In a large bowl or the bowl of an electric mixer, place the flour, salt, sugar and yeast. Mix to just combine. Add the water and mix well, adding more flour, as needed, a bit at a time to form a soft, smooth dough that clears the sides and bottom of the bowl. Knead the dough, by hand or machine, for about 5 minutes, until it is soft, smooth and quite slack. The goal is to get a really soft dough that isn’t overly sticky. Lightly flour the dough and place it in a plastic bag; close the bag, leaving room for the dough to expand, and let it rest for 30 minutes or up to 60 minutes (see pictures below).
Preheat your oven to 500°F. Prepare two baking sheets by lining them with parchment paper.
Transfer the dough to a lightly greased work surface, and divide it into eight equal pieces (about 70g, or 2 1/2 ounces, each). Allow the pieces to rest, uncovered, for 5 minutes. While the dough is resting, combine the 1/2 cup warm water and the baking soda, and place it in a shallow bowl or pie plate. Make sure the baking soda is thoroughly dissolved; if it isn’t, it will make your pretzels splotchy. Sometimes I have a hard time getting the baking soda completely dissolved, so I just lightly stir up the mixture right before adding each pretzel.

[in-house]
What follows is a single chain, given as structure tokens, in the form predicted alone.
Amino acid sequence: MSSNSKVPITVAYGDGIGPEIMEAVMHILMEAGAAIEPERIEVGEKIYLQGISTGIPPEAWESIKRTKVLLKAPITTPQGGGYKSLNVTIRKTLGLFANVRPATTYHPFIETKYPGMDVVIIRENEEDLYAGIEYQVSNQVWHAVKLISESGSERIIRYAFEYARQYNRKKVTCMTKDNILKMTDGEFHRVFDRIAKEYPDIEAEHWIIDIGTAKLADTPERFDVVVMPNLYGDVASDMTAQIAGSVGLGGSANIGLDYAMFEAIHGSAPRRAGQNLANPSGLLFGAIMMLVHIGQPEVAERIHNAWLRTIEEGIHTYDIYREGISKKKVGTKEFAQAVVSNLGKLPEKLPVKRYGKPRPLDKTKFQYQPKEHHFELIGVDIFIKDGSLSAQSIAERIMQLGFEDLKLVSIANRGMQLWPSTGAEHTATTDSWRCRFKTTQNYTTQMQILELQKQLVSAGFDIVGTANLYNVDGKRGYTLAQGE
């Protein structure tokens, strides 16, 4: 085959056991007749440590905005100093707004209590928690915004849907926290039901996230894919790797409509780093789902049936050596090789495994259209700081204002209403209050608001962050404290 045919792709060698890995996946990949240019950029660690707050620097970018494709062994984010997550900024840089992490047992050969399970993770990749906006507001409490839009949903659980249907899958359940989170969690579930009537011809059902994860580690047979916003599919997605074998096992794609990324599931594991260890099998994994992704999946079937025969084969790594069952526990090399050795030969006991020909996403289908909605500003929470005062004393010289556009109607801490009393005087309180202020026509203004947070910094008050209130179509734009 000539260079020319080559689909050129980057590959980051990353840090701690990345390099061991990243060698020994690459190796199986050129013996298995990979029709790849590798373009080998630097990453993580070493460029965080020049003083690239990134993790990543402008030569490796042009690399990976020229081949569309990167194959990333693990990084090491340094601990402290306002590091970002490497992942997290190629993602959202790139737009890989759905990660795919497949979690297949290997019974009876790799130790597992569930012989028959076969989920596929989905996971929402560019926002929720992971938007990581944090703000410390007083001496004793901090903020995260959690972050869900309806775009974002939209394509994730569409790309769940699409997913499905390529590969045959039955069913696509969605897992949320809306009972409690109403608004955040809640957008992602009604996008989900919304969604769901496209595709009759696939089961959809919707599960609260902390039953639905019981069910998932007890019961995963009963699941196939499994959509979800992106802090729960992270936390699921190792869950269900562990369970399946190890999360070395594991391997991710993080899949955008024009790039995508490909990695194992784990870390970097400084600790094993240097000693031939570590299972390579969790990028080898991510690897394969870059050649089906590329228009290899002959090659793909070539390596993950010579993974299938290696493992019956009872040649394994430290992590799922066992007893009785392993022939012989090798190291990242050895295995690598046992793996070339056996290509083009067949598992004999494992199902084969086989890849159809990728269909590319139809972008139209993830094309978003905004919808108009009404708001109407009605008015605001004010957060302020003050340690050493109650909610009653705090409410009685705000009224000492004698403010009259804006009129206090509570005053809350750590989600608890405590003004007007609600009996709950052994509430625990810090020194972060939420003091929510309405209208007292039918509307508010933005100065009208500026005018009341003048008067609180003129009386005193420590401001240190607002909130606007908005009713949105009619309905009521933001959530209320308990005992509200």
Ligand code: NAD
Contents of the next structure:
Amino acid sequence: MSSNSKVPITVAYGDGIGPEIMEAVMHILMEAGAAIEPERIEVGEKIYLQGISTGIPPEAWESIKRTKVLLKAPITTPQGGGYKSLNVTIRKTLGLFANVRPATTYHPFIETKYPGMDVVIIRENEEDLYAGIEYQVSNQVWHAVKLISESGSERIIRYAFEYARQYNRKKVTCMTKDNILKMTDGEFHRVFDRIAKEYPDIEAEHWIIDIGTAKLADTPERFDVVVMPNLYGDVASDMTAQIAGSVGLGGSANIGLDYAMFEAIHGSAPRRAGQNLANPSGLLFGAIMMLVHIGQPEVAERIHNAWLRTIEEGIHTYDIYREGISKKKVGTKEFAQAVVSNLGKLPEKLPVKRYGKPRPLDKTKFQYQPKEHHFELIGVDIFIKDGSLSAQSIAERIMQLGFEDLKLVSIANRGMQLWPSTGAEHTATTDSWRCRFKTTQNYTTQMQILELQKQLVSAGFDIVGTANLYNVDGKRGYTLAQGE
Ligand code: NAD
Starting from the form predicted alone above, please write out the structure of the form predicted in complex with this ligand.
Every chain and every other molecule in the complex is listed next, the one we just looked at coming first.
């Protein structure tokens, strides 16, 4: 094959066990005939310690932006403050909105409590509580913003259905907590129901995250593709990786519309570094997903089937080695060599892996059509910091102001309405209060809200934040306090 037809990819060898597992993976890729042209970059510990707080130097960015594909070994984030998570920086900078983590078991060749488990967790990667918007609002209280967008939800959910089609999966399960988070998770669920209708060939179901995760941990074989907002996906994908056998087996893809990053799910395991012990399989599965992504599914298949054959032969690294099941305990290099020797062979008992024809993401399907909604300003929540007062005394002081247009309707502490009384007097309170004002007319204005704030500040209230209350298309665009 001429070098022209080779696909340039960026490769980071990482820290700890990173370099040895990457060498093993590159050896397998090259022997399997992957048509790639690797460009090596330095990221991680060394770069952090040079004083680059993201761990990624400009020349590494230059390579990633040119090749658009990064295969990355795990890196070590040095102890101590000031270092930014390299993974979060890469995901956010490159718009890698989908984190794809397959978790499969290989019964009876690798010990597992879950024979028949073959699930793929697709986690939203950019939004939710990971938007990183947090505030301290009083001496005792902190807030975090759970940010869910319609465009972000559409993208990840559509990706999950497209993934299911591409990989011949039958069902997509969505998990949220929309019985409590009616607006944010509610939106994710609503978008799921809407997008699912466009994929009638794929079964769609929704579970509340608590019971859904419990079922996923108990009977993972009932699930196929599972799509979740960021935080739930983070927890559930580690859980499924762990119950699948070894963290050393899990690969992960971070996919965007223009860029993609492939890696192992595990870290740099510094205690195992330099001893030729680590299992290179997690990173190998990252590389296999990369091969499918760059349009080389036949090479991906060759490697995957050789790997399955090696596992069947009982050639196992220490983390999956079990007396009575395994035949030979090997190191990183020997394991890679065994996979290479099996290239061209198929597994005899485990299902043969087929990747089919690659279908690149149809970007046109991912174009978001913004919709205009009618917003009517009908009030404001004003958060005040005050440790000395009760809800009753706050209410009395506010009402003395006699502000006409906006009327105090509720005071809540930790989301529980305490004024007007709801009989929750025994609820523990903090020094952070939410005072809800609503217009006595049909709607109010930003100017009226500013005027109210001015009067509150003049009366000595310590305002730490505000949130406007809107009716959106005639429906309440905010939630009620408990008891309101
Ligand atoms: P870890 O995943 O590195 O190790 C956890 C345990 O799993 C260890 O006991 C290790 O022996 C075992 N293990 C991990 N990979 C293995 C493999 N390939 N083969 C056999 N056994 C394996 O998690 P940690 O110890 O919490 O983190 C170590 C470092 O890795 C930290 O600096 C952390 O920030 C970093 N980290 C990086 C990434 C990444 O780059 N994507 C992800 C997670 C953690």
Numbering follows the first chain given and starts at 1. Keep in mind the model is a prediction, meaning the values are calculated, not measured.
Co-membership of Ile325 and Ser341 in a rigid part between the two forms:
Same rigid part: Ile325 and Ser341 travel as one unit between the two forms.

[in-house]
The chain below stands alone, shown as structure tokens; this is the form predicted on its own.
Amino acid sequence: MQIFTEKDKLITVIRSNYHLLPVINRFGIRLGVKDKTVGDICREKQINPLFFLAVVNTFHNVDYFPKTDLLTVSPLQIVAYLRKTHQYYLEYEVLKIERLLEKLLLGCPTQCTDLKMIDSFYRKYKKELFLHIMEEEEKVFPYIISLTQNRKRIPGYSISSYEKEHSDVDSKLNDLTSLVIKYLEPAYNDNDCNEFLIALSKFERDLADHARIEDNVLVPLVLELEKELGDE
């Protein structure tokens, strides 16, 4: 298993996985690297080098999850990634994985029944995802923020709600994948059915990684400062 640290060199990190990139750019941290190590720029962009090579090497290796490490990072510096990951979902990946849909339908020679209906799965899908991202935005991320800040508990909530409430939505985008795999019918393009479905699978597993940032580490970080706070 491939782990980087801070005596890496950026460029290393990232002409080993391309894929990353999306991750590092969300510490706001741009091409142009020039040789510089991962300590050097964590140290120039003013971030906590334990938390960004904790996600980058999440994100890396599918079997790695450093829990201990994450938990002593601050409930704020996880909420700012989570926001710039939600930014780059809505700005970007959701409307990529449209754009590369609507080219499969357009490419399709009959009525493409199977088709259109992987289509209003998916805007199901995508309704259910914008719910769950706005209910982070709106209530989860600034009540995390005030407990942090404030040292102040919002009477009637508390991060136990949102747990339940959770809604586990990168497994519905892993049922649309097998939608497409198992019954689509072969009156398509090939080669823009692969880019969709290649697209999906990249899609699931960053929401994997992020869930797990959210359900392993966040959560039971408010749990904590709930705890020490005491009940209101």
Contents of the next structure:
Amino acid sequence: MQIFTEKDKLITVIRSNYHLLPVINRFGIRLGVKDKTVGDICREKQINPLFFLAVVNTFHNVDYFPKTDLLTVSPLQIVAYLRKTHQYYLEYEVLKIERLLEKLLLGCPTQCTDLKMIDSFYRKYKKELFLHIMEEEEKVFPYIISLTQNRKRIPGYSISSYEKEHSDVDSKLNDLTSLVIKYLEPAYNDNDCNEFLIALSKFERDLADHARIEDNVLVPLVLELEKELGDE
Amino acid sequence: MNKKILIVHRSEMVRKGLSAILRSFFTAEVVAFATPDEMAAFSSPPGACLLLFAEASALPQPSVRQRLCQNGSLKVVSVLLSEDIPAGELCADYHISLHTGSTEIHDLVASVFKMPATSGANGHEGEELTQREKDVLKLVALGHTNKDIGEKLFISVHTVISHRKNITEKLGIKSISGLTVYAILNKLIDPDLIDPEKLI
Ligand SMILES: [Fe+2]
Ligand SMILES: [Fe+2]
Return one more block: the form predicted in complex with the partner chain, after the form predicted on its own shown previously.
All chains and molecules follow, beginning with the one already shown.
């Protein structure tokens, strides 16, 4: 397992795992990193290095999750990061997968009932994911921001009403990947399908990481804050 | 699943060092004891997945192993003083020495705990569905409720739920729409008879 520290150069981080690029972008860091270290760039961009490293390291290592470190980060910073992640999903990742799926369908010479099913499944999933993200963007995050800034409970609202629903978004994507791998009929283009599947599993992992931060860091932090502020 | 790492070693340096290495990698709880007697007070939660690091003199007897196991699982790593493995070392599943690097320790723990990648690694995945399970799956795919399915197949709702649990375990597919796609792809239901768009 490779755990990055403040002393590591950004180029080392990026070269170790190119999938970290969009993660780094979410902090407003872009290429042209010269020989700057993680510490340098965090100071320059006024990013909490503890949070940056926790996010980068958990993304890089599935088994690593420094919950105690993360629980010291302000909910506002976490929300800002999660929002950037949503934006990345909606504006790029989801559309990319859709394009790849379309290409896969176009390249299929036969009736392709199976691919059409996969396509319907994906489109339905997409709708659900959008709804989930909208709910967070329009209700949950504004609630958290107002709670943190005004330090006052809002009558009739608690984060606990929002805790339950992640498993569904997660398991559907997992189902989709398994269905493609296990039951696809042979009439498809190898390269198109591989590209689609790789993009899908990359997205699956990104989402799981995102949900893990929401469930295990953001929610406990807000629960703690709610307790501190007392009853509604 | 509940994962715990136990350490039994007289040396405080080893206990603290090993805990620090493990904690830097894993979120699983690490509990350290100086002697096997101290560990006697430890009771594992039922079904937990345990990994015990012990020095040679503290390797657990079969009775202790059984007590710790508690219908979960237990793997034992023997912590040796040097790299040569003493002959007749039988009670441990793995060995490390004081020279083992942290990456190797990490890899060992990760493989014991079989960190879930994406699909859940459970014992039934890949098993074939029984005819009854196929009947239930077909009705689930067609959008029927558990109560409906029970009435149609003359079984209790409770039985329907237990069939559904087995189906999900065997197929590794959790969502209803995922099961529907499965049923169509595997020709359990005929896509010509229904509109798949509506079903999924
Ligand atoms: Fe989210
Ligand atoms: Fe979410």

Roll each piece of dough into a long, thin rope (anywhere from 14 to 22 inches long), and twist each rope into a pretzel. Dip each pretzel in the baking soda wash (this will give the pretzels a nice, golden-brown color), and place them on the baking sheets. Sprinkle them lightly with coarse, kosher, or pretzel salt. Allow them to rest, uncovered, for 10 minutes.
Bake the pretzels for 7 to 9 minutes or until they’re golden brown. Bake one sheet at a time – it won’t hurt the other pretzels to chill out for a little longer.
Remove the pretzels from the oven, and brush them thoroughly with the melted butter. Keep brushing the butter on until you’ve used it all up; it may seem like a lot, but that’s what gives these pretzels their ethereal taste. Eat the pretzels warm, or reheat them in an oven or microwave.
Flour Amount: as with all yeast doughs, I never use the flour amount called for in the recipe as a hard fast rule (unless a weight measure is given and then I pull out my kitchen scale). Because humidity, temperature, altitude and a multitude of other factors can impact how much flour you need in your yeast doughs, I always judge when to quit adding flour by the texture and look and feel of the dough rather than how much flour I’ve added compared to the recipe. Tutorial:this tutorial on yeast may help identify how a perfectly floured dough should be.